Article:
Fintan O’Toole: Marino shows us what the State could do on housing a century ago

A new development in the city is a microcosm of 250 years of control of land in Ireland

The Griffith Wood apartment complex under construction on Griffith Avenue in Dublin. Photograph: Dara Mac Dónaill

The Griffith Wood apartment complex under construction on Griffith Avenue in Dublin. Photograph: Dara Mac Dónaill

If the Marino housing development tells us what the Irish State could do a century ago, the site across the road, Griffith Wood, tells us what it is doing now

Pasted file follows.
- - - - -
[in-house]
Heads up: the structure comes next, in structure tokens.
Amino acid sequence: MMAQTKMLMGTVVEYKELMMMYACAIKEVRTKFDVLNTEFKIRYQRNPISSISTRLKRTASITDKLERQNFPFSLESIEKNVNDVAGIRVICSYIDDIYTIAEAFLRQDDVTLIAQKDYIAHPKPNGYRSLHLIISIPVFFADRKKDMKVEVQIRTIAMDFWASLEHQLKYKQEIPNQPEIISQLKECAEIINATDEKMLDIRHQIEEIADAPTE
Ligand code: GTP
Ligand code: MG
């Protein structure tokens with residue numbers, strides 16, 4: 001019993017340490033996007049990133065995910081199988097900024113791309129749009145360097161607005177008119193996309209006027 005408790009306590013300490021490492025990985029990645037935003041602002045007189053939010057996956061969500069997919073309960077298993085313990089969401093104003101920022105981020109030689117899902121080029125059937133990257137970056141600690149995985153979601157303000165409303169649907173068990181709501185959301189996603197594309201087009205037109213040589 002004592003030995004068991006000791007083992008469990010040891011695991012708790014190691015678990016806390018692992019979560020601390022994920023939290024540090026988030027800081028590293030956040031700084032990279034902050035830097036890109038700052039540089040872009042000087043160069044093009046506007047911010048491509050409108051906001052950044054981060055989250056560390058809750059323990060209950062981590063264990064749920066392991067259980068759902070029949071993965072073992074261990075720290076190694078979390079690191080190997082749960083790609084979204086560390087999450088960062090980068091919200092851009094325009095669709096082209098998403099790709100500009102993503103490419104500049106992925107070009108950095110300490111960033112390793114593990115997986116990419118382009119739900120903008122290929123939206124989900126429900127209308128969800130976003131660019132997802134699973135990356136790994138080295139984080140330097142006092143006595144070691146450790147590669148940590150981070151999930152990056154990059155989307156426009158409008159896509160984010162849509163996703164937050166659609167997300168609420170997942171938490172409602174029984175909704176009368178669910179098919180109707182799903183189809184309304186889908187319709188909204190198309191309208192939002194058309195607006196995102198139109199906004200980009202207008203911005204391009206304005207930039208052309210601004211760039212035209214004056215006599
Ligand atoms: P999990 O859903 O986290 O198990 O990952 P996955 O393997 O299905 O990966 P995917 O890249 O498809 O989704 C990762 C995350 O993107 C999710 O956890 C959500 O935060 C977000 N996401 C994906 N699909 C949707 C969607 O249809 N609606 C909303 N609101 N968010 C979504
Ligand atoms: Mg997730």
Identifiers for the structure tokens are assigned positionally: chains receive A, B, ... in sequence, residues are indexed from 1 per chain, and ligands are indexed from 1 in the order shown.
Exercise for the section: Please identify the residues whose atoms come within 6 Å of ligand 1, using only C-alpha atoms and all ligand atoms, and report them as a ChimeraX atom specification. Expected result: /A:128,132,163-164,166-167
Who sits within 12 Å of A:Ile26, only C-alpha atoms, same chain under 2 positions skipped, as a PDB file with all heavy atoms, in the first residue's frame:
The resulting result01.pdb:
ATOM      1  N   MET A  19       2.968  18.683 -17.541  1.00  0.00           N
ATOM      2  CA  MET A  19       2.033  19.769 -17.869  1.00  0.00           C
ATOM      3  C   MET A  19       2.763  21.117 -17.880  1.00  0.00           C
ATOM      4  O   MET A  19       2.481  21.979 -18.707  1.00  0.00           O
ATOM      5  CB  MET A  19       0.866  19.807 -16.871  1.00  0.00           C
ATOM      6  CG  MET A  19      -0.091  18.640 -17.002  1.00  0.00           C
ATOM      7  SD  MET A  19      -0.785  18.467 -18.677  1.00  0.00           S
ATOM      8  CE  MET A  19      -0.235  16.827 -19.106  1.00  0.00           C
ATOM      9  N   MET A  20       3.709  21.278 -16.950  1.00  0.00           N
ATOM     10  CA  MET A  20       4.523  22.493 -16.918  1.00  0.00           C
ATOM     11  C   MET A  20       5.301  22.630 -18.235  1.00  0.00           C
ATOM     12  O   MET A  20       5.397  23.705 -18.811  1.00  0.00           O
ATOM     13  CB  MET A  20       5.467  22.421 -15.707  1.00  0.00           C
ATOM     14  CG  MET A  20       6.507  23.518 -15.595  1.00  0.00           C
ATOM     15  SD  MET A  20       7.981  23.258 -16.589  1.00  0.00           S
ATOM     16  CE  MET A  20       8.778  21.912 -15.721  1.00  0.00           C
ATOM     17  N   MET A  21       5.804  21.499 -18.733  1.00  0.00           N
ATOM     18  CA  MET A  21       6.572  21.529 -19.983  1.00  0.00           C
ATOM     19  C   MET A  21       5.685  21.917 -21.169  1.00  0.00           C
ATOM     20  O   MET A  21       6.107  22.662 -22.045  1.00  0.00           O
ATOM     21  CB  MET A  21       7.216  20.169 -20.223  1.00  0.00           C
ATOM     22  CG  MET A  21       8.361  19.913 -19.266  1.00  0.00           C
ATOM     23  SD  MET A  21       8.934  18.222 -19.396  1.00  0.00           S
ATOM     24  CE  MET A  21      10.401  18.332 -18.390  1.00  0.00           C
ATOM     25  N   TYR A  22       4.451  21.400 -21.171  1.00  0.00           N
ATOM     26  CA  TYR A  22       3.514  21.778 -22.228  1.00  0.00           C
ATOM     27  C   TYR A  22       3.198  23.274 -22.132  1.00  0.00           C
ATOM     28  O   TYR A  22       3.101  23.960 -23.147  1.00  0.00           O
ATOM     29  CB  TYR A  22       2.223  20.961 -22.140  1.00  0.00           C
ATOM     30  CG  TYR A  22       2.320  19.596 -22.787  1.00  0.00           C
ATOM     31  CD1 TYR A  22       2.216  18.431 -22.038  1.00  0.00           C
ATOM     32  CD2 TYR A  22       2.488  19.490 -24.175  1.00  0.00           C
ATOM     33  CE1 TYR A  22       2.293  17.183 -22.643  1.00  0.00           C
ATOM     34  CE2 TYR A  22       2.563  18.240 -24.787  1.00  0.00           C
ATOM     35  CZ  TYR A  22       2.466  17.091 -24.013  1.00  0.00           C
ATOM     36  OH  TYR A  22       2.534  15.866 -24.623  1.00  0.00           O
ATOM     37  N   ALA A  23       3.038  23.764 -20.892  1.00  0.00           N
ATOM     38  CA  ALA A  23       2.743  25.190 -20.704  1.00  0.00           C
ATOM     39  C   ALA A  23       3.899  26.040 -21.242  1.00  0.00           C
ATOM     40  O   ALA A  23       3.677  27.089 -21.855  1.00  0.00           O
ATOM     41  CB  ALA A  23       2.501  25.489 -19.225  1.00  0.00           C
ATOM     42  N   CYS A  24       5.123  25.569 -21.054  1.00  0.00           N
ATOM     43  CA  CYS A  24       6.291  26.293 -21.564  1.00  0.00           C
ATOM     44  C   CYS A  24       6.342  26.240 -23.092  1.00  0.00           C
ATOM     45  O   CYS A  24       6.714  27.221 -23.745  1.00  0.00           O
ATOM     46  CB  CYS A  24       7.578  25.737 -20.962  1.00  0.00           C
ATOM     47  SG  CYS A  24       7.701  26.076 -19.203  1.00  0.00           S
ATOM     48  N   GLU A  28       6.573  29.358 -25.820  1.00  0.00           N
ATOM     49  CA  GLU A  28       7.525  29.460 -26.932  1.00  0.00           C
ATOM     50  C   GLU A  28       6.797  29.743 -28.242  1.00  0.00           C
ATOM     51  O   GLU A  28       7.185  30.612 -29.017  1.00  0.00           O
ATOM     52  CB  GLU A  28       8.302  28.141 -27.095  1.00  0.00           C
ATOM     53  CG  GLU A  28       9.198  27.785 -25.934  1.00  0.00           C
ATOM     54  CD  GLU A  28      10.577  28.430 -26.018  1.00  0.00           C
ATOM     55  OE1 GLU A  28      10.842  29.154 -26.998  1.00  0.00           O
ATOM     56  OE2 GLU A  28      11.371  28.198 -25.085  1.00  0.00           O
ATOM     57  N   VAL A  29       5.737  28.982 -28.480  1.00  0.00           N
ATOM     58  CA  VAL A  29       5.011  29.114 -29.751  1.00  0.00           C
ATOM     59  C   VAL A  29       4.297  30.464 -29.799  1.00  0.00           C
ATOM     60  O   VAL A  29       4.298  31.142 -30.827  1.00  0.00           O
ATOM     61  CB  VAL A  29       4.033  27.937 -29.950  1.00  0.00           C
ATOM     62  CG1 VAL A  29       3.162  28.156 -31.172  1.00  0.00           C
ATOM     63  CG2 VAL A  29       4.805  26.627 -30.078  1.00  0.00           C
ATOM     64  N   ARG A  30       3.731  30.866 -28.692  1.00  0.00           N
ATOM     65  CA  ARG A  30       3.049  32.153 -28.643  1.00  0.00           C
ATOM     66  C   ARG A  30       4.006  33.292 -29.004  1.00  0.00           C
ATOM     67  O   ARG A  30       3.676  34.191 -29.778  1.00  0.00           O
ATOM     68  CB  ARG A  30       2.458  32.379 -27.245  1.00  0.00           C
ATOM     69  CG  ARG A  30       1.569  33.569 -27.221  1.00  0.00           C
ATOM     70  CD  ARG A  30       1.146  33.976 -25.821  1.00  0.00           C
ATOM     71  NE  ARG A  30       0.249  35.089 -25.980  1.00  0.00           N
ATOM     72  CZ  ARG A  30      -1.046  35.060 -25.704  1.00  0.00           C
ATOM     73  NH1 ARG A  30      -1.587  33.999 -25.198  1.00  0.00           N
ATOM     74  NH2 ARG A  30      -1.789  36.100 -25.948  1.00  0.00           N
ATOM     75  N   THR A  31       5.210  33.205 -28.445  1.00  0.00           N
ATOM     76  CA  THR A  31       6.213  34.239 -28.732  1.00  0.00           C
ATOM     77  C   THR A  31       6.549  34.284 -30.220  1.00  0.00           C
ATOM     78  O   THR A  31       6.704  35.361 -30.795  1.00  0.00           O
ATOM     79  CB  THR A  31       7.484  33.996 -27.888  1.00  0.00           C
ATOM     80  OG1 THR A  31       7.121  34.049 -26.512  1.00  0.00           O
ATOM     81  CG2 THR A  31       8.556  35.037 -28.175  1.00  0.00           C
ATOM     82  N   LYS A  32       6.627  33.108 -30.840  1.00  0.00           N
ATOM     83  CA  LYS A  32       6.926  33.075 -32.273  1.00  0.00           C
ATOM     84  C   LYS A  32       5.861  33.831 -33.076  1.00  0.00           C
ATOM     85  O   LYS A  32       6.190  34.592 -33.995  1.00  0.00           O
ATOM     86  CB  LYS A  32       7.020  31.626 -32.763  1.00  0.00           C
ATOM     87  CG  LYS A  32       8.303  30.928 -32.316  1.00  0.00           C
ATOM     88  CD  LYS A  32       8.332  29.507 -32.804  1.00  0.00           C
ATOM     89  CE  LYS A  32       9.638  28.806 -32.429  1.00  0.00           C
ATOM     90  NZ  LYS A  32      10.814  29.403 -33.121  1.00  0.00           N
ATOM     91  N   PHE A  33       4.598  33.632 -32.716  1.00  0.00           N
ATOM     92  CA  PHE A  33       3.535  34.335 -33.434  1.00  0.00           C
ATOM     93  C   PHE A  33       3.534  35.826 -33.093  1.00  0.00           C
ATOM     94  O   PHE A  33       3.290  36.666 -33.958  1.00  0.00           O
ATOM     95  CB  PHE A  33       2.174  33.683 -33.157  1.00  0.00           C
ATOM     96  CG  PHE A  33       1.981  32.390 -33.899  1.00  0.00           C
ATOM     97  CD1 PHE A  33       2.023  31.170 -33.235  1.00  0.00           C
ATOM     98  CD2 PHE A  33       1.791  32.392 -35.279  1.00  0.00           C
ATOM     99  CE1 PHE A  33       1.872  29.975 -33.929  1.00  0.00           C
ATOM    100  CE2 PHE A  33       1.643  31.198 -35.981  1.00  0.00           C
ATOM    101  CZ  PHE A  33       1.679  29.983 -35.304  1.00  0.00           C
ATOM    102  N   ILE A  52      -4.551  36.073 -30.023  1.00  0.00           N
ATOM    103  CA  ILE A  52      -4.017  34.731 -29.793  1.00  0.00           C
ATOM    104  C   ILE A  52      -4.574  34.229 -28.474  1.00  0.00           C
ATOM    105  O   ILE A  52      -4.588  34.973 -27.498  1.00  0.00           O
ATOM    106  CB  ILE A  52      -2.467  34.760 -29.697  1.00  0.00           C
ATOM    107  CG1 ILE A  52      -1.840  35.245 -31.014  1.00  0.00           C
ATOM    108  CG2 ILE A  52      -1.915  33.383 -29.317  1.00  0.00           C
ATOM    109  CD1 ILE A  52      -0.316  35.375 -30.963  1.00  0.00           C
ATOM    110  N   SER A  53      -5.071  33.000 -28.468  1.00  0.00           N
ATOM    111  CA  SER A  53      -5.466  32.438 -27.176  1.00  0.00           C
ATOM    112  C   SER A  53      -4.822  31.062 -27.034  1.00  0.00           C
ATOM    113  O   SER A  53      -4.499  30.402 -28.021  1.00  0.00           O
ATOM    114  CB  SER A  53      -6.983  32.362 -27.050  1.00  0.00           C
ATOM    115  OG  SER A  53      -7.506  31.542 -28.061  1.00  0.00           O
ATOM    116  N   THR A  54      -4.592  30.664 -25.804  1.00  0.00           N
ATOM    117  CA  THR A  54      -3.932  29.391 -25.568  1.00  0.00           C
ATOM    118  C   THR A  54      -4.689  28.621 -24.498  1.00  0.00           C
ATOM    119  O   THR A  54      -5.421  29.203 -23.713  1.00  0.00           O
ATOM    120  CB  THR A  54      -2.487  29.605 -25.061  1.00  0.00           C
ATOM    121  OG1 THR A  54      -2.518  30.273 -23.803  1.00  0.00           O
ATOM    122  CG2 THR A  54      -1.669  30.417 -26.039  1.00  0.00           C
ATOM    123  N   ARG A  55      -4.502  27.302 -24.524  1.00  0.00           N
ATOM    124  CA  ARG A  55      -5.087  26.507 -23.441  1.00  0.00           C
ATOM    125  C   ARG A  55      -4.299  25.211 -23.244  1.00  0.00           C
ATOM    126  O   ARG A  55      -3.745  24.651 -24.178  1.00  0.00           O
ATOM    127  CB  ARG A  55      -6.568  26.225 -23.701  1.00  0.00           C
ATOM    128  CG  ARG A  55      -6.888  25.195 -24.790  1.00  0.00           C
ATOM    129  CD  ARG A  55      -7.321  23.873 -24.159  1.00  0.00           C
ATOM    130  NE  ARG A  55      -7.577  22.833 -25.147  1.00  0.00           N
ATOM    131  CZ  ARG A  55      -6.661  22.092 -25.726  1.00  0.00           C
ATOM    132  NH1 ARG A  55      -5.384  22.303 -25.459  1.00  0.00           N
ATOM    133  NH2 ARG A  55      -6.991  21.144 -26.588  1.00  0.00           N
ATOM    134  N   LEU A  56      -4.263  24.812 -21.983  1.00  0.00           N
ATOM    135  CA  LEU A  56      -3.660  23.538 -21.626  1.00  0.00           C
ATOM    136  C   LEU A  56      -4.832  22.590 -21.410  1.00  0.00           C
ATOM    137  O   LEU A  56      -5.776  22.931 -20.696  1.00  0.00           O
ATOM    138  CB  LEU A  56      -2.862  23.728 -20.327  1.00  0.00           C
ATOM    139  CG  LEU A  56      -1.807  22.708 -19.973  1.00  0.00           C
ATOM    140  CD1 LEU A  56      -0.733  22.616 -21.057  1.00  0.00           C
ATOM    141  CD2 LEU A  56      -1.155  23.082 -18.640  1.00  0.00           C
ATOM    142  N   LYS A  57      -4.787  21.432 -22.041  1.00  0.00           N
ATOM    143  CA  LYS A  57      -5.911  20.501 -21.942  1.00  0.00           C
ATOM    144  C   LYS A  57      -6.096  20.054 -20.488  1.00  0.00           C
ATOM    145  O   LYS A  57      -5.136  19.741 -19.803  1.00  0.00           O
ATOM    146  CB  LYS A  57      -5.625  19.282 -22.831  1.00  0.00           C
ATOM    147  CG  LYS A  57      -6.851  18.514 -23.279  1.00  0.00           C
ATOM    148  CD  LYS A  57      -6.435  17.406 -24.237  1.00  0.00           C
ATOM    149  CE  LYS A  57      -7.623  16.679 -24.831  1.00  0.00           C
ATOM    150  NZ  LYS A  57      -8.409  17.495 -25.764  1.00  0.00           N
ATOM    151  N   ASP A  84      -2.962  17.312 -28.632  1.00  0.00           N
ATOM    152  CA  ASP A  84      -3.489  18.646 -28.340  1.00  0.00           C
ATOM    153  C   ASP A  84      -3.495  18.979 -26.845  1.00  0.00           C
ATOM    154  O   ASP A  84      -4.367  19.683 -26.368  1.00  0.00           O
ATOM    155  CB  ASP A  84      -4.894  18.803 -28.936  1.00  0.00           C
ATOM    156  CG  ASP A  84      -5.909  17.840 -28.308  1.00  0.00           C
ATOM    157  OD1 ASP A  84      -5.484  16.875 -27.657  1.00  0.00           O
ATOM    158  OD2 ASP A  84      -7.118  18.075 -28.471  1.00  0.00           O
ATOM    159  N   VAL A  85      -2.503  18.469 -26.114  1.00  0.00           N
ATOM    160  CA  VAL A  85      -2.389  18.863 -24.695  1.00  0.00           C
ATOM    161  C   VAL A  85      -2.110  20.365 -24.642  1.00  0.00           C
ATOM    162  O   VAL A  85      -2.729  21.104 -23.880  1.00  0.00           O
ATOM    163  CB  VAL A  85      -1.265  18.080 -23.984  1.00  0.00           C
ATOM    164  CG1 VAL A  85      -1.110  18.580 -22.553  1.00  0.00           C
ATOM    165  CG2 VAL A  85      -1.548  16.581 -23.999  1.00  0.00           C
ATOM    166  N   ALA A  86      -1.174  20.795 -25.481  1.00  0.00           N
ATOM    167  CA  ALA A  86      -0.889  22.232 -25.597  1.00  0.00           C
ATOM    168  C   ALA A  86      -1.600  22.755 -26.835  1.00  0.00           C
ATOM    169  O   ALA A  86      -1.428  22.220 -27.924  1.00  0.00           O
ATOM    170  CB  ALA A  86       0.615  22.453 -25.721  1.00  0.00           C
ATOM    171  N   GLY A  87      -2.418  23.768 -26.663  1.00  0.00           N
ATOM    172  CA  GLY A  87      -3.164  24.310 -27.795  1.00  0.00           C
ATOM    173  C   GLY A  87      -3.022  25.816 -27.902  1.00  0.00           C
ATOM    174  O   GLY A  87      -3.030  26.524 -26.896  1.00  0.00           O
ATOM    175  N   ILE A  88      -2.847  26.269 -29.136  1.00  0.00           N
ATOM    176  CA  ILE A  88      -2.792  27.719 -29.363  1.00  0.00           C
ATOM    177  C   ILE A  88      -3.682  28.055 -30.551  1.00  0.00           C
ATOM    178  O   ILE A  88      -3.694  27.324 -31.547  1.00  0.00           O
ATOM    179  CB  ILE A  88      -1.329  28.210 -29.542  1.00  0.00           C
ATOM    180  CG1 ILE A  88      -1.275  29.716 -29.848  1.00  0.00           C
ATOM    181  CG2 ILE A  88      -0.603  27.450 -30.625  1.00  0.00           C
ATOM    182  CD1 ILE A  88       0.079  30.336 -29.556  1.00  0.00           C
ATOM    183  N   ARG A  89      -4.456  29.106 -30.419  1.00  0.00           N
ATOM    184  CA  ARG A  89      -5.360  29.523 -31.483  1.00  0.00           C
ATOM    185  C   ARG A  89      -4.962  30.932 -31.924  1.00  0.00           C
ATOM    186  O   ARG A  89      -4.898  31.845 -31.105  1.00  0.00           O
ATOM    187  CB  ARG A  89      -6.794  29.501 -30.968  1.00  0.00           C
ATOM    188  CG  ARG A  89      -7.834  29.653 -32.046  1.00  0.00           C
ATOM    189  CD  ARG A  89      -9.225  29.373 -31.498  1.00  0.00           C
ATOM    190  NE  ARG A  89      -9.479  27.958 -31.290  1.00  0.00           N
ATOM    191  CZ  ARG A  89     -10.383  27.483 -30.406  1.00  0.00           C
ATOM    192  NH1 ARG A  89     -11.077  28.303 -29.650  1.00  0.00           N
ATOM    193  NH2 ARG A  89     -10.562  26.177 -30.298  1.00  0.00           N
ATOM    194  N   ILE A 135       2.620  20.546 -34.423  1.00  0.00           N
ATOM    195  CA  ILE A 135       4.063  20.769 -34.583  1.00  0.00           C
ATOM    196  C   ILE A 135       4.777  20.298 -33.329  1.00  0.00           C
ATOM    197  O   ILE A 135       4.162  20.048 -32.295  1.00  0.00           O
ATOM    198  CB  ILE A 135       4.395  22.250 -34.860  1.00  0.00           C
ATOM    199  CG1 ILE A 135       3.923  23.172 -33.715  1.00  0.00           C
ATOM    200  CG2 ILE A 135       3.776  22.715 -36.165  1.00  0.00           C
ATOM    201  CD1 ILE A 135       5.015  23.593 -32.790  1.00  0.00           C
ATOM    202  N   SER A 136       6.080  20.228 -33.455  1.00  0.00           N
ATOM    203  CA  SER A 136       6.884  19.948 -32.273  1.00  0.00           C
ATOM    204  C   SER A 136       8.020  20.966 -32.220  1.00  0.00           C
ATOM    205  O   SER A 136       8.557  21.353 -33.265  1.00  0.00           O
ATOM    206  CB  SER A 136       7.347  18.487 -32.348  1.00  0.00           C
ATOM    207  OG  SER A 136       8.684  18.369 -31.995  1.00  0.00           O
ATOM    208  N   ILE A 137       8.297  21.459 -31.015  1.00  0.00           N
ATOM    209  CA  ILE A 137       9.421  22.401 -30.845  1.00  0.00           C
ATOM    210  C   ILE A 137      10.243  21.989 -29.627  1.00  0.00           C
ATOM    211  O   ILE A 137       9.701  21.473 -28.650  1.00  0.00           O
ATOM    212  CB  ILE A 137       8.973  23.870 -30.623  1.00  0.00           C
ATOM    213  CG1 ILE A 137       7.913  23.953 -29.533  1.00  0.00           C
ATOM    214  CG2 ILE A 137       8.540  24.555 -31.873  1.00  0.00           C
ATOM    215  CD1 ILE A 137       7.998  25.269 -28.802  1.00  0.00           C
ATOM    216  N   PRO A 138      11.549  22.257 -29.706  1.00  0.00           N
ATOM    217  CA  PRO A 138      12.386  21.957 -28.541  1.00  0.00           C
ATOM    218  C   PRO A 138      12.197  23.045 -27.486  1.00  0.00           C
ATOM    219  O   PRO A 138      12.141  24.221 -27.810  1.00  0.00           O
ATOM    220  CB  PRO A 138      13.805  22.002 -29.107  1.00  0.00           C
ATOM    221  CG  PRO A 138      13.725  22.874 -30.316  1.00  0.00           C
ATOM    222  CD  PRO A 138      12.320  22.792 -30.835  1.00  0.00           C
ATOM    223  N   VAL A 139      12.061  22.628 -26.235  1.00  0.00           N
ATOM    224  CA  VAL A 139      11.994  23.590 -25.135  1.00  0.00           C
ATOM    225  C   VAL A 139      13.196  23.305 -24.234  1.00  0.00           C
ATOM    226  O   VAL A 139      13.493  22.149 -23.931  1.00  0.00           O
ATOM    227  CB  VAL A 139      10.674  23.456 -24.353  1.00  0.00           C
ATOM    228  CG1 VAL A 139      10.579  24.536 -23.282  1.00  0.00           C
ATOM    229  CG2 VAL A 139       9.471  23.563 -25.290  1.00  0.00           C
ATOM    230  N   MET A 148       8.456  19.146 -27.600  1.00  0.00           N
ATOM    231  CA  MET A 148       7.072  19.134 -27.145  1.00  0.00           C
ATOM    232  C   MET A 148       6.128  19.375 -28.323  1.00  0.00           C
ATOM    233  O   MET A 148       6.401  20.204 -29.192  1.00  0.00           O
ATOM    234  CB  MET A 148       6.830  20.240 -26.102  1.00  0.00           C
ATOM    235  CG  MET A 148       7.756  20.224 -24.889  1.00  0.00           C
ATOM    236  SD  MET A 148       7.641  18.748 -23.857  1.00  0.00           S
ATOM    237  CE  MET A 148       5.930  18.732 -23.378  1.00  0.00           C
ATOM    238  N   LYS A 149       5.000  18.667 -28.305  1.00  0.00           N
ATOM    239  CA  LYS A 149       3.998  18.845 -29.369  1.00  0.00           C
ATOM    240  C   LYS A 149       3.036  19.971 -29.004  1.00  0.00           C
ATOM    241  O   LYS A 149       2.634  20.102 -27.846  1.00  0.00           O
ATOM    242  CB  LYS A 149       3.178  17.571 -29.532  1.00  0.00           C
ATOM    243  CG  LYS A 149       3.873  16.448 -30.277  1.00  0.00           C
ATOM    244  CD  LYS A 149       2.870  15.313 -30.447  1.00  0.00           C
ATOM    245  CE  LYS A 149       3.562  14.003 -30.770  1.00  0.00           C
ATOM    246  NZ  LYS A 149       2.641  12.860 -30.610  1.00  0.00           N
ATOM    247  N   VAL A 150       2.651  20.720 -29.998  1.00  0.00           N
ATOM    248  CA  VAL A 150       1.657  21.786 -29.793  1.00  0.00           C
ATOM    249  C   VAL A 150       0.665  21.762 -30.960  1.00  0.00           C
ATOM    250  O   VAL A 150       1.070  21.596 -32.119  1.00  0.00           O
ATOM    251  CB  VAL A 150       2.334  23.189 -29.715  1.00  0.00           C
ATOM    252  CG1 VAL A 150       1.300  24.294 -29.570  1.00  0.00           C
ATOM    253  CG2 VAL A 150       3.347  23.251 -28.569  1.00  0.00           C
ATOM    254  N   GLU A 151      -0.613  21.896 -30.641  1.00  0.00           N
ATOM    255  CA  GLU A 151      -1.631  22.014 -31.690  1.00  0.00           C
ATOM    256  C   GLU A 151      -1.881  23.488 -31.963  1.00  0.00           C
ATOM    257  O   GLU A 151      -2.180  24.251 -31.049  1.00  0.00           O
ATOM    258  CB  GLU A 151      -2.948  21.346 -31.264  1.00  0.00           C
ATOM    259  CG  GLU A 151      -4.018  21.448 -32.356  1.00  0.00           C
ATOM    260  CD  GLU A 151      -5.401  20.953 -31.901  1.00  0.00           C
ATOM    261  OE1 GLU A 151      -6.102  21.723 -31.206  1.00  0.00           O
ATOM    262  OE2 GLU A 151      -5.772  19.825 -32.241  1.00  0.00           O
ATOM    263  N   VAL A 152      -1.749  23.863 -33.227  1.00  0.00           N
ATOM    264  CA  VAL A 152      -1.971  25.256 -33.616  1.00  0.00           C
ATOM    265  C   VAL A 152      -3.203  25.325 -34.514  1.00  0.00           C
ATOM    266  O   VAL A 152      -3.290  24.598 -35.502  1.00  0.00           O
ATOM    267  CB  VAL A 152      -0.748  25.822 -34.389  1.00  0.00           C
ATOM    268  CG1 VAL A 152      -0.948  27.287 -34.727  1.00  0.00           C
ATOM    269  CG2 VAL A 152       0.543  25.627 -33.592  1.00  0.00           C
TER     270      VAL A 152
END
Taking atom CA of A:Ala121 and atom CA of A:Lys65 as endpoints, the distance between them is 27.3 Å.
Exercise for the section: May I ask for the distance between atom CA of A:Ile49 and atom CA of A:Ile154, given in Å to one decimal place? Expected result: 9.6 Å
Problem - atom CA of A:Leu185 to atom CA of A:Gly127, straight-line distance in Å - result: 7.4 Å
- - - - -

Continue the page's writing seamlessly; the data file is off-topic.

What links the Anglo-Irish aristocracy, the Catholic Church and American property funds? They have all, in turn, exercised control over Irish land. And they are all linked to a specific site on the northside of Dublin that tells a story about the current housing crisis.

This is a story about land – who owns it, who profits from it and how, over the centuries, the public interest and the welfare of citizens get shoved aside. It contains in microcosm centuries of a history in which everything changes but nothing changes.

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